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I am currently exploring a theorem called universality of the uniform:

Let $F$ be a CDF which is a continuous function and strictly increasing on the support of the distribution. This ensures that the inverse function $F^{−1}$ exists, as a function from $(0, 1)$ to $\mathbb{R}$. We then have the following results:

  • Let $U \sim \text{Unif}(0,1)$ and $X = F^{−1}(U)$. Then $X$ is an r.v. with CDF $F$.

  • Let $X$ be an r.v. with CDF $F$. Then $F(X) \sim \text{Unif}(0,1)$.

In the context of the Rayleigh distribution, we have the following:

The Rayleigh CDF is

$$F(x) = 1 − e^{-\frac{x^2}{2}}, \ x > 0.$$

The quantile function (the inverse of the CDF) is

$$F^{−1}(u) = 􏰊\sqrt{−2 \log(1 − u)},$$

so if $U \sim \text{Unif}(0,1)$, then $F^{−1}(U) = 􏰊−2\log(1−U) ∼ \text{Rayleigh}$.

I attempted to derive the inverse $F^{-1}(U)$:

$$\begin{align} & U = 1 - e^{-\frac{x^2}{2}} \\ \Rightarrow & U - 1 = -e^{-\frac{x^2}{2}} \\ \Rightarrow & 1 - U = e^{-\frac{x^2}{2}} \\ \Rightarrow & \log(1 - U) = \dfrac{-x^2}{2} \\ \Rightarrow & -2 \log(1 - U) = x^2 \\ \Rightarrow & x = \pm \sqrt{-2 \log(1 - U)} \\ \therefore \ & F^{-1}(U) = \pm \sqrt{-2 \log(1 - U)} \sim \text{Rayleigh} \end{align}$$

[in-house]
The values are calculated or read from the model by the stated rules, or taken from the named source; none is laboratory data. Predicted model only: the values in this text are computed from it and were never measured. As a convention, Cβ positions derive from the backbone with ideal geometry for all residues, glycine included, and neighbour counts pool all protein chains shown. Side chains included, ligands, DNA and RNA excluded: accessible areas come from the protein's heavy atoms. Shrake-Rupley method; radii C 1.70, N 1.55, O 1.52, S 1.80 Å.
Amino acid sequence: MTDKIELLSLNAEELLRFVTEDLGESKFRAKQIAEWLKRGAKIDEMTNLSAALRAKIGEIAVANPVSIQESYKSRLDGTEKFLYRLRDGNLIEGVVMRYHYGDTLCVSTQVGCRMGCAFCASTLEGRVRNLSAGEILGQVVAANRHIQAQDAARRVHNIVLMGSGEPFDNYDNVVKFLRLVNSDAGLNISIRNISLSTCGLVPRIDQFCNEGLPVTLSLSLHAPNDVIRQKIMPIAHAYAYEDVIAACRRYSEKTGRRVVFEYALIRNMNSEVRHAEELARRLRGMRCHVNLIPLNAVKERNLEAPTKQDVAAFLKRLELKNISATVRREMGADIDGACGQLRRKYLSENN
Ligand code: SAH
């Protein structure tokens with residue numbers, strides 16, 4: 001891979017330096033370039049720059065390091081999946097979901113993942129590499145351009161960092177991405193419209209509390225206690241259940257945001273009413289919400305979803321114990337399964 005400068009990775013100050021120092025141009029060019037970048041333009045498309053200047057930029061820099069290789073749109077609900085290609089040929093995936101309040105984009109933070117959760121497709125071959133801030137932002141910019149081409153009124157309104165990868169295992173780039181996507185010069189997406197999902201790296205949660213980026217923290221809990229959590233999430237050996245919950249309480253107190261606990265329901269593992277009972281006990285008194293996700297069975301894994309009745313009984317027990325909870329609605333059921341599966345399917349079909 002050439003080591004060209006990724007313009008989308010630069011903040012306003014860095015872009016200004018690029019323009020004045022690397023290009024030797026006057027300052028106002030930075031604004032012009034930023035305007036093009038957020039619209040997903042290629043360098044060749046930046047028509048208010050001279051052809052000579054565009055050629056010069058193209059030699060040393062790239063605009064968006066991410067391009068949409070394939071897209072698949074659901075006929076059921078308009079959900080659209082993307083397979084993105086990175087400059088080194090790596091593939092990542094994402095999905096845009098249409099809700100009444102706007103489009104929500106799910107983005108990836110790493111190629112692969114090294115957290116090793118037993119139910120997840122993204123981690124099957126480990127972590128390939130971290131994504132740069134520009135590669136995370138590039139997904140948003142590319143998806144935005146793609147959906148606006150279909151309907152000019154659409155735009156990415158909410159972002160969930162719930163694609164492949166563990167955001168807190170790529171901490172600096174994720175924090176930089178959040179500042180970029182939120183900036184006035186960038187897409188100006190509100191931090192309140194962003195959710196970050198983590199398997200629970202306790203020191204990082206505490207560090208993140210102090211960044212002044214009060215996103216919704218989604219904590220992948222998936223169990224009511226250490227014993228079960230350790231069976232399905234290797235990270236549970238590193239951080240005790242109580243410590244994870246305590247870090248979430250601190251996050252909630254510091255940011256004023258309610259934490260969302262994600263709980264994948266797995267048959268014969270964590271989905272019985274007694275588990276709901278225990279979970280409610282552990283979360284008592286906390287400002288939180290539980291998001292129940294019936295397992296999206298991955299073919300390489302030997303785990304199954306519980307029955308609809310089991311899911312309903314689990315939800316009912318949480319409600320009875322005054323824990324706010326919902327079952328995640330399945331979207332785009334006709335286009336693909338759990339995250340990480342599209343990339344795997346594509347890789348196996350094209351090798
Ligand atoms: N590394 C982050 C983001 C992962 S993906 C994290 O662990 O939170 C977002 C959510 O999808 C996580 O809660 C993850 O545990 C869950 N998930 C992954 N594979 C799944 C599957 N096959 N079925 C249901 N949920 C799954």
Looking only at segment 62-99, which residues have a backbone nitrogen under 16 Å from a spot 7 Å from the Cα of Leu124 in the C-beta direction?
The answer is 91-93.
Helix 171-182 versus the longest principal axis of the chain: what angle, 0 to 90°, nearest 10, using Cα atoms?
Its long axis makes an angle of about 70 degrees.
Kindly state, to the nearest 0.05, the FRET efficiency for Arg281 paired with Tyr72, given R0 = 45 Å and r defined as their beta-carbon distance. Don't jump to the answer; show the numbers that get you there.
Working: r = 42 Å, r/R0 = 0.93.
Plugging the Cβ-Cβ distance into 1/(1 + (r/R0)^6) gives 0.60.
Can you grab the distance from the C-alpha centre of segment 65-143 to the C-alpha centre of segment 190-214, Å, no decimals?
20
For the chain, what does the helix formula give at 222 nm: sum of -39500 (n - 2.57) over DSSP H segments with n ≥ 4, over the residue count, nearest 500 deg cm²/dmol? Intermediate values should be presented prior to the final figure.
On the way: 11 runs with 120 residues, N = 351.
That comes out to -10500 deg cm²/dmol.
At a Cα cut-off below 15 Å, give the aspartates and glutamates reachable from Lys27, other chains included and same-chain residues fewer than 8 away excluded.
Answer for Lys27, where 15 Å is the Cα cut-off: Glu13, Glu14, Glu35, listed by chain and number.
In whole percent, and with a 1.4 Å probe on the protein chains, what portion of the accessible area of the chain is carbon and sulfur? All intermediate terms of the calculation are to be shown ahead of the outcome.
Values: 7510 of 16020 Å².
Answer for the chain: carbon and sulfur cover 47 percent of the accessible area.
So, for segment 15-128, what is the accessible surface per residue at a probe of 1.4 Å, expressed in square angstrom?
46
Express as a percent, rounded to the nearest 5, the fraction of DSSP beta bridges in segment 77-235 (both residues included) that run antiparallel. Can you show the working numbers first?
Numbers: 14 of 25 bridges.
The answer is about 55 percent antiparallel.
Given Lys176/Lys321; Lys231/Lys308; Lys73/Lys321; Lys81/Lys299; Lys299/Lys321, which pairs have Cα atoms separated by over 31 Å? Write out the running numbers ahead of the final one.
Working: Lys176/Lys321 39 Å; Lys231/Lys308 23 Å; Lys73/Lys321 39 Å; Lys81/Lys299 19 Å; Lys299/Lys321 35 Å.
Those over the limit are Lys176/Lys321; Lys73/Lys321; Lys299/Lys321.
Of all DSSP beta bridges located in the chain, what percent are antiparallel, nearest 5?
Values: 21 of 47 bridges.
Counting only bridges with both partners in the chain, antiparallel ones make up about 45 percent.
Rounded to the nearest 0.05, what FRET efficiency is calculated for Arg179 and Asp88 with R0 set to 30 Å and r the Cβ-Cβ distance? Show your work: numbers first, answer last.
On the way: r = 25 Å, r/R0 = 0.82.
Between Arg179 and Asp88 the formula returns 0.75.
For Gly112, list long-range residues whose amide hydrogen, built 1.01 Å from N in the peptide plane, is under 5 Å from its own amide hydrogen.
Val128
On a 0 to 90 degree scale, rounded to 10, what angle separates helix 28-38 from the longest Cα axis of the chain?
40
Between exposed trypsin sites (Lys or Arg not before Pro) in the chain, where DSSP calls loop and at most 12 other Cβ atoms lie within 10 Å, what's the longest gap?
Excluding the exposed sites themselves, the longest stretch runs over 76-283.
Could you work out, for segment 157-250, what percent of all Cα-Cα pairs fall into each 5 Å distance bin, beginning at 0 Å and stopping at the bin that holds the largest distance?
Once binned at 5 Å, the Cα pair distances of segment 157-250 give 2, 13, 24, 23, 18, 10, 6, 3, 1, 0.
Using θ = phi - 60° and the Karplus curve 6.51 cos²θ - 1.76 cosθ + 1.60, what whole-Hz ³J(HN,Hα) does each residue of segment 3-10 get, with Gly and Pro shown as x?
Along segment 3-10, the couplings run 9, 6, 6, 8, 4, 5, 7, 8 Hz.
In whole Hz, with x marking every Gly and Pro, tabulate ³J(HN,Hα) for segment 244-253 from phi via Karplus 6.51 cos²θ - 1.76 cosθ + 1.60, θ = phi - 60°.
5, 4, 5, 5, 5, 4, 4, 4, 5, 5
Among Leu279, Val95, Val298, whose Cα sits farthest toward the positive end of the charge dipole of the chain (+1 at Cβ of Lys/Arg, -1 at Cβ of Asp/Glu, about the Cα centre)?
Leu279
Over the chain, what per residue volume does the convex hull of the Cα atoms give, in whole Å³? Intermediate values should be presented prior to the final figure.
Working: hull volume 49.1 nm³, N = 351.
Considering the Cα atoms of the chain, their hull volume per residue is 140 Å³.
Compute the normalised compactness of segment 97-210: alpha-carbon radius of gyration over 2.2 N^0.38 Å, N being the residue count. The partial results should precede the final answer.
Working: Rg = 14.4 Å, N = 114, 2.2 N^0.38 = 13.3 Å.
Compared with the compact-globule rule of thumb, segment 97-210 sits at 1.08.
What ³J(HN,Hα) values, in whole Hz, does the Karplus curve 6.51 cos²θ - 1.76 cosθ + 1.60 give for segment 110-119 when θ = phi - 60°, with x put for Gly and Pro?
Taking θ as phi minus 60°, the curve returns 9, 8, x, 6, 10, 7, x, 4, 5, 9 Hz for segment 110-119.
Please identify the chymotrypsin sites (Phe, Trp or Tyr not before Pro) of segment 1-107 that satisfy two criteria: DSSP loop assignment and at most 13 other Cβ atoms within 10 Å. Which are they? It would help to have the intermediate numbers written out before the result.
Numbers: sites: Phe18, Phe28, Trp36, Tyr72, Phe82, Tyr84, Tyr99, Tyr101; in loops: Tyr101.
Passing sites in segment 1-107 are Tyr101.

Ok, so now I'm wondering how one knows in these situations whether it is positive or negative? Is it because

(1) the quantile function associated with the probability distribution of a random variable is the value of the random variable such that the probability of the variable being less than or equal to that value equals the given probability and

(2) the Rayleigh distribution is a continuous probability distribution for nonnegative-valued random variables,

which therefore means that it must be positive?

I would appreciate it if people could please take the time to clarify this.

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    $\begingroup$ Rayleigh distribution is supported on positive numbers (the cdf equals zero for negative numbers) so of course you must take the positive square root, not the negative one. $\endgroup$ – Shalop Oct 4 at 4:09
  • $\begingroup$ @Shalop I thought so. Thanks for the clarification. $\endgroup$ – The Pointer Oct 4 at 4:18

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